Liz Cheney

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Liz Cheney
Liz Cheney official 116th Congress portrait.jpg
Chair of the House Republican Conference
In office
January 3, 2019 – May 12, 2021
DeputyMark Walker
Mike Johnson
LeaderKevin McCarthy
Preceded byCathy McMorris Rodgers
Succeeded byElise Stefanik
Member of the U.S. House of Representatives
from Wyoming's at-large district
In office
January 3, 2017 – January 3, 2023
Preceded byCynthia Lummis
Succeeded byHarriet Hageman
Personal details
Born
Elizabeth Lynne Cheney

(1966-07-28) July 28, 1966 (age 56)
Madison, Wisconsin, U.S.
Political partyRepublican
Spouse(s)
Philip Perry (m. 1993)
Children5
RelativesDick Cheney (father)
Lynne Vincent (mother)
Mary Cheney (sister)
EducationColorado College (BA)
University of Chicago (JD)
WebsiteHouse website

Elizabeth Lynne Cheney[1] (/ˈni/; born July 28, 1966)[2] is an American attorney and politician. She is the U.S. Representative for Wyoming's at-large congressional district from 2017 to 2023. Cheney was the House Republican Conference Chair, the third-highest position in GOP House leadership.[3][4] She was removed from the position by a voice vote of the House Republican Conference on May 12, 2021 because she supported the second impeachment of Donald Trump and for not supporting Trump's efforts to overturn the results of the 2020 election.[5] She is a neoconservative.[6]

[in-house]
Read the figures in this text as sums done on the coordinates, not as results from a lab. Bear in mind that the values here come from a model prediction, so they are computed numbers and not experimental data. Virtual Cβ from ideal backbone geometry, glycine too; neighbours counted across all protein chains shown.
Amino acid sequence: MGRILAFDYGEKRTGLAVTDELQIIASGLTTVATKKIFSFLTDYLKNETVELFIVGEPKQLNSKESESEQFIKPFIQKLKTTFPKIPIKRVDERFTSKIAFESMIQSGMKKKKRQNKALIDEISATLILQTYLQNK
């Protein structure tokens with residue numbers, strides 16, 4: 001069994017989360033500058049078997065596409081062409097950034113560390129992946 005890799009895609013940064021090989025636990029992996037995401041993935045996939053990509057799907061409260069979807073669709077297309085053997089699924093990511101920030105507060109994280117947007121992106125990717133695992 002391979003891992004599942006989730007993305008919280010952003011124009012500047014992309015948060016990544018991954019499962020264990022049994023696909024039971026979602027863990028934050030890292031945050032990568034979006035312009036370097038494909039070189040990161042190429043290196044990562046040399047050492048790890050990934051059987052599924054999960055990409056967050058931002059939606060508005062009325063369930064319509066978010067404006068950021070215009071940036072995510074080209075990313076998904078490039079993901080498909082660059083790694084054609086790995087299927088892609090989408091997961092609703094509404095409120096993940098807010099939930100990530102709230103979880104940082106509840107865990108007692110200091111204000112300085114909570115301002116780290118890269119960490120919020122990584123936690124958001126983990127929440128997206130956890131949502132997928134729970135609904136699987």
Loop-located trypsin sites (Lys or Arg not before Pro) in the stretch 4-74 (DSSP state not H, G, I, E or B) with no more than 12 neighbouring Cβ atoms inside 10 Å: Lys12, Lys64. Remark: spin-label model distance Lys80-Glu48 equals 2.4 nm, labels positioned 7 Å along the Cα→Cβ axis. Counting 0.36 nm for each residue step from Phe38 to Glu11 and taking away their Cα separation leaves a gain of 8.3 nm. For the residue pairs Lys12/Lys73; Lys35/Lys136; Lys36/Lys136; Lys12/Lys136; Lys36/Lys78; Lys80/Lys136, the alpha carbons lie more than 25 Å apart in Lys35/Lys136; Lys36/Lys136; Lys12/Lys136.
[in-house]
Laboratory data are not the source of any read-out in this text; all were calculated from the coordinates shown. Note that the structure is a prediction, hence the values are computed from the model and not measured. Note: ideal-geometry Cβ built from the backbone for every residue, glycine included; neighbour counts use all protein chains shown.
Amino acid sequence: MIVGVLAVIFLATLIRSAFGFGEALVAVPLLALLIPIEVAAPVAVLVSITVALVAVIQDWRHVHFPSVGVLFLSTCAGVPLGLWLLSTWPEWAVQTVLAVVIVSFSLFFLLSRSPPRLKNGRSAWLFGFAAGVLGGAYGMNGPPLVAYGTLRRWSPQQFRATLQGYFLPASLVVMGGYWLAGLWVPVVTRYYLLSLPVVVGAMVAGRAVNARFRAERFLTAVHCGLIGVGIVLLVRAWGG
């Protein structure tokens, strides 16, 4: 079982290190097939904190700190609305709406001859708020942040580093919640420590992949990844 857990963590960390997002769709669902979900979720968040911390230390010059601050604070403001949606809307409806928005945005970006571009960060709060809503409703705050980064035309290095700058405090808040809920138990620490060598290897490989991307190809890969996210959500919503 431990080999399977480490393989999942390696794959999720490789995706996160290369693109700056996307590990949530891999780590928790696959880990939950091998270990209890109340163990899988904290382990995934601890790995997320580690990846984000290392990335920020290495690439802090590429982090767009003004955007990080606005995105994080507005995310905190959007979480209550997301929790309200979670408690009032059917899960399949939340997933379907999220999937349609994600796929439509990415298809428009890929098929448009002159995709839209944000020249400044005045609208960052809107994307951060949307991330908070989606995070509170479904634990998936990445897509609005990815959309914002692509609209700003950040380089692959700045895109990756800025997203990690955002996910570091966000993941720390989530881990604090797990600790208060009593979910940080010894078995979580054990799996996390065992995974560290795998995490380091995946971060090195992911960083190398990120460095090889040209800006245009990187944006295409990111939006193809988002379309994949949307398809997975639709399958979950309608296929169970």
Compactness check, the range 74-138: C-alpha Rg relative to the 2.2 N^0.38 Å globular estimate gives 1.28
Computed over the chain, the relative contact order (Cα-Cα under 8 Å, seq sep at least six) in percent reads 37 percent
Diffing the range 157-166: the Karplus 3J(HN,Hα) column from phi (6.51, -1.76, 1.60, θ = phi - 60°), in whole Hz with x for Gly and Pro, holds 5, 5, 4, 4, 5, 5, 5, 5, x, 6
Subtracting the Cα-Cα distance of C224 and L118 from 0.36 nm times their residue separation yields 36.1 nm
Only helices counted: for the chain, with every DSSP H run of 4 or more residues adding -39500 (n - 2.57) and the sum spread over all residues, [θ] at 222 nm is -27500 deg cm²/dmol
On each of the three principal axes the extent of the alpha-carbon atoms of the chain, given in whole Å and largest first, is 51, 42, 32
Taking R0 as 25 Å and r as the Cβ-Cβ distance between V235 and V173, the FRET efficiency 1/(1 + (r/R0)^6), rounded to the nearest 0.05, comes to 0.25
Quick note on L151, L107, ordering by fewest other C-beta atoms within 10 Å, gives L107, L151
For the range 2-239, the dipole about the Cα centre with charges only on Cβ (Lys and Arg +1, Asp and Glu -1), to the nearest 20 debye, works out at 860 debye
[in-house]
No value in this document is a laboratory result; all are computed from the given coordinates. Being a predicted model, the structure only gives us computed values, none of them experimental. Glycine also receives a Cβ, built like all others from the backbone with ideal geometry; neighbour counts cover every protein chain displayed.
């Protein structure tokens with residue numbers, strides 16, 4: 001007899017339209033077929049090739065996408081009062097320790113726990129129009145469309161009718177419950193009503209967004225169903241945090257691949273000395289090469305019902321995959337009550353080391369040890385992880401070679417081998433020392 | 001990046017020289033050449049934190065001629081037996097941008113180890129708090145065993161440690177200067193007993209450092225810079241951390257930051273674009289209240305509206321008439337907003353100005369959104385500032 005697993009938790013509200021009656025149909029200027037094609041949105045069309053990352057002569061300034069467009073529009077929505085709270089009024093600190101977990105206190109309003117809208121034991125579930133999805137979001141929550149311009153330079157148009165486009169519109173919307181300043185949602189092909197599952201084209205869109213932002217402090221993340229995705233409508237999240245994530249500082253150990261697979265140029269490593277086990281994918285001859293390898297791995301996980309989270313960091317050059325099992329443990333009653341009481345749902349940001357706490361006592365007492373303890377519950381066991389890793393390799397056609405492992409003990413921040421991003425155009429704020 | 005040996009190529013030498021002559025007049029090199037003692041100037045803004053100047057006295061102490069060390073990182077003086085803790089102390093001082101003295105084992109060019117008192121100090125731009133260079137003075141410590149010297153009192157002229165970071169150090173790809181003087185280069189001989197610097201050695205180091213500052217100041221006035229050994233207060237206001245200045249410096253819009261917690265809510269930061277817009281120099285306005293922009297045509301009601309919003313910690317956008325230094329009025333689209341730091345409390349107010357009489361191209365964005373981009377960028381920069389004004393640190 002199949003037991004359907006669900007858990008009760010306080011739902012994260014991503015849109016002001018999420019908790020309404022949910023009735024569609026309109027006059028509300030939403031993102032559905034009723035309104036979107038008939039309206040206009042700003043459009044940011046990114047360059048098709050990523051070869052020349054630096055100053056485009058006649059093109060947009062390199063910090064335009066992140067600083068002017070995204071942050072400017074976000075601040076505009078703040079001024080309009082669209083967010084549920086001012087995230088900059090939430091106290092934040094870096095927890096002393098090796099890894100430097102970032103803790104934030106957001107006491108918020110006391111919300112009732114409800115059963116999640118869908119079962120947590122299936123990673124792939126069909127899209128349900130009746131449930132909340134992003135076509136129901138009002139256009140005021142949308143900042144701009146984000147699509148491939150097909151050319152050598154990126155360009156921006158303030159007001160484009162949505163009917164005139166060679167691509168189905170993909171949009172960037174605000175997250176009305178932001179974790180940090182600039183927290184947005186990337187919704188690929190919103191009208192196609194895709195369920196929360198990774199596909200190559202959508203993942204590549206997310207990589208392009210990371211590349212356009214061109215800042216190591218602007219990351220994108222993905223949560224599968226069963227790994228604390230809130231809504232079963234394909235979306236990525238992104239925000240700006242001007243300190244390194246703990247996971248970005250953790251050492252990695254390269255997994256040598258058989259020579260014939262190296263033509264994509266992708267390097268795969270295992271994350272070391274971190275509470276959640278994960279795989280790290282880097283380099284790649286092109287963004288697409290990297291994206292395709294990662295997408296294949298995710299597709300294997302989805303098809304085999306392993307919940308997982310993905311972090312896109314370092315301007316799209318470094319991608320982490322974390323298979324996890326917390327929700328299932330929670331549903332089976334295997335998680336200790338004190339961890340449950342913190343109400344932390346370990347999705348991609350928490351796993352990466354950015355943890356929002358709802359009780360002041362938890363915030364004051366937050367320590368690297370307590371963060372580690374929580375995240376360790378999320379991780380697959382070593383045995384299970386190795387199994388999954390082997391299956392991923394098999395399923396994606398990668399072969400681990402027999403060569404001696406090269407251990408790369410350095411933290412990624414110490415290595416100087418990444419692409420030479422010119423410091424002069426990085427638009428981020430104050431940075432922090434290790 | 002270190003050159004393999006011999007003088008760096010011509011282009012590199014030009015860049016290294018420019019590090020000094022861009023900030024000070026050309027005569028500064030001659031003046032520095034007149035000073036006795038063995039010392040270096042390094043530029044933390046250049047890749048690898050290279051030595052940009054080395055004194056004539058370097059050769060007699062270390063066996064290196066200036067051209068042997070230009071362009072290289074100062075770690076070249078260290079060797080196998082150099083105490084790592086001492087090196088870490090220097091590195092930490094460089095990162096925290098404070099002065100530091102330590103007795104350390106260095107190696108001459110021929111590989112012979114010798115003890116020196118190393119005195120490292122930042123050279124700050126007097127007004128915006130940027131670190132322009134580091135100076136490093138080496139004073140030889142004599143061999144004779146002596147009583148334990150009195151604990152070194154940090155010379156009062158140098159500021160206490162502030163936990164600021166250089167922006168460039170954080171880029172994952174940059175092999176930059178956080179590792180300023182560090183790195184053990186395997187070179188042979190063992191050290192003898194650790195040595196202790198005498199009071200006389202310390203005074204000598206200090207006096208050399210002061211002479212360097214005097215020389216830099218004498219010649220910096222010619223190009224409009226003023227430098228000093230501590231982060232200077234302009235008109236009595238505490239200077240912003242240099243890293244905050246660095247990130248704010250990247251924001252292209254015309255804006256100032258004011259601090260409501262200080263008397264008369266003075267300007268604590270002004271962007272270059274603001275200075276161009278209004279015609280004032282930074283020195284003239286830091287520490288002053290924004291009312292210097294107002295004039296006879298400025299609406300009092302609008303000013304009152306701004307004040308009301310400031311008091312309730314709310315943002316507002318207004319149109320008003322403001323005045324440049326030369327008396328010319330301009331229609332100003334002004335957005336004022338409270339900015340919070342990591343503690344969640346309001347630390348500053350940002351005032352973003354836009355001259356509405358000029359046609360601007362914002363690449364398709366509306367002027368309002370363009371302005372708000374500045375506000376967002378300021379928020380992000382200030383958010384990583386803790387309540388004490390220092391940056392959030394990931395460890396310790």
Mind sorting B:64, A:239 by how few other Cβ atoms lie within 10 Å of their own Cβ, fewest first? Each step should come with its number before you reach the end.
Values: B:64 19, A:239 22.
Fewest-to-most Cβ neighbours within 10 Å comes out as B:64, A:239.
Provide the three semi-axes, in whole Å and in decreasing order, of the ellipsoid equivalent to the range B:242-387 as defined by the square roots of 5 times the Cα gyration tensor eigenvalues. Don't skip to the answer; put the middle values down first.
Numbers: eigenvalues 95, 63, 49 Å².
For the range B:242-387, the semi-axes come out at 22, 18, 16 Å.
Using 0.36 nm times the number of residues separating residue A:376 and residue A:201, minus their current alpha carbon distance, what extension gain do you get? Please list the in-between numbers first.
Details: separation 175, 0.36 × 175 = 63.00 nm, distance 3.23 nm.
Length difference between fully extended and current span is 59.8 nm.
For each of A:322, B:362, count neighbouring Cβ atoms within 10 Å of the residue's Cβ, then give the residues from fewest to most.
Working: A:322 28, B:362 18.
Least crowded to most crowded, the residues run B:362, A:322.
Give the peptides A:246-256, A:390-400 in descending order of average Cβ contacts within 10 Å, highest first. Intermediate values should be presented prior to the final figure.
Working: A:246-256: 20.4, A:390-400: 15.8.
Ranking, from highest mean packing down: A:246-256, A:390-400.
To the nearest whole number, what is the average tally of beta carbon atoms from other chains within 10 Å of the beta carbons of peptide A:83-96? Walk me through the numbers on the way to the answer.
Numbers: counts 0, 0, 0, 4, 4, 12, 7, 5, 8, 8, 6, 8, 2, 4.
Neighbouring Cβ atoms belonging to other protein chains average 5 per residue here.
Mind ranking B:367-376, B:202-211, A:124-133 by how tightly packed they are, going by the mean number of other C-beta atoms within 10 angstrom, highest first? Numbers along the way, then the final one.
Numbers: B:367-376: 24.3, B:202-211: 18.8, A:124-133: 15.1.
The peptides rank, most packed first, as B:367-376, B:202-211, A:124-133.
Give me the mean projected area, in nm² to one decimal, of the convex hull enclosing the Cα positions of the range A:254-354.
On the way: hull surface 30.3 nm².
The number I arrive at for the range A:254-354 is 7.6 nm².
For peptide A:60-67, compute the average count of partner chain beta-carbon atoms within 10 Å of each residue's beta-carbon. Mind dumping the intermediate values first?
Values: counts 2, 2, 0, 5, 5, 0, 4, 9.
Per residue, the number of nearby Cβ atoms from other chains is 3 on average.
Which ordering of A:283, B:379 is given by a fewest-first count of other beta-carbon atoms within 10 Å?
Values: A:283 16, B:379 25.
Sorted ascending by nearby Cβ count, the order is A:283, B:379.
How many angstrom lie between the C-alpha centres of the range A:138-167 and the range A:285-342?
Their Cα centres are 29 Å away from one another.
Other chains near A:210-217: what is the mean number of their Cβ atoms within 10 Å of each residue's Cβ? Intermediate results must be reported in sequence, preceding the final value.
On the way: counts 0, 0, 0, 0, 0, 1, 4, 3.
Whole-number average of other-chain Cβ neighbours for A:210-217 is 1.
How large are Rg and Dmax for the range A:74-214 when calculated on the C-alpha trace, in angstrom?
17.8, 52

Cheney is the elder daughter of former Vice President Dick Cheney and Lynne Cheney.[7]

On August 16, 2022, Cheney lost renomination in Wyoming's Republican primary to Trump-supported Harriet Hageman.[8]

References[change | change source]

  1. "Cheney makes first visit to World Trade Center site". The New York Times. Associated Press. October 19, 2001. Retrieved December 31, 2013.
  2. "Cheney, Liz". Current Biography Yearbook 2010. Ipswich, MA: H. W. Wilson. 2010. pp. 103–107. ISBN 9780824211134.
  3. "Republican Conference Chairmen | US House of Representatives: History, Art & Archives". history.house.gov. Retrieved 7 January 2019.
  4. Taylor, Jessica (6 January 2019). "A Guide To Who's Who In House Leadership For The 116th Congress". NPR.org. Retrieved 7 January 2019.
  5. Greve, Joan E. (2021-05-12). "Republicans vote to remove Liz Cheney from leadership role over Trump 'big lie' criticism – live". The Guardian. ISSN 0261-3077. Retrieved 2021-05-12.
  6. Heilbrunn, Jacob (2013-07-08). "Liz Cheney, Neocon Senator and President?". The National Interest. Retrieved 2023-01-22.
  7. Rahman, Rema. "Liz Cheney Wins Wyoming House Seat". Roll Call. Retrieved November 9, 2016.
  8. Wyoming and Alaska primaries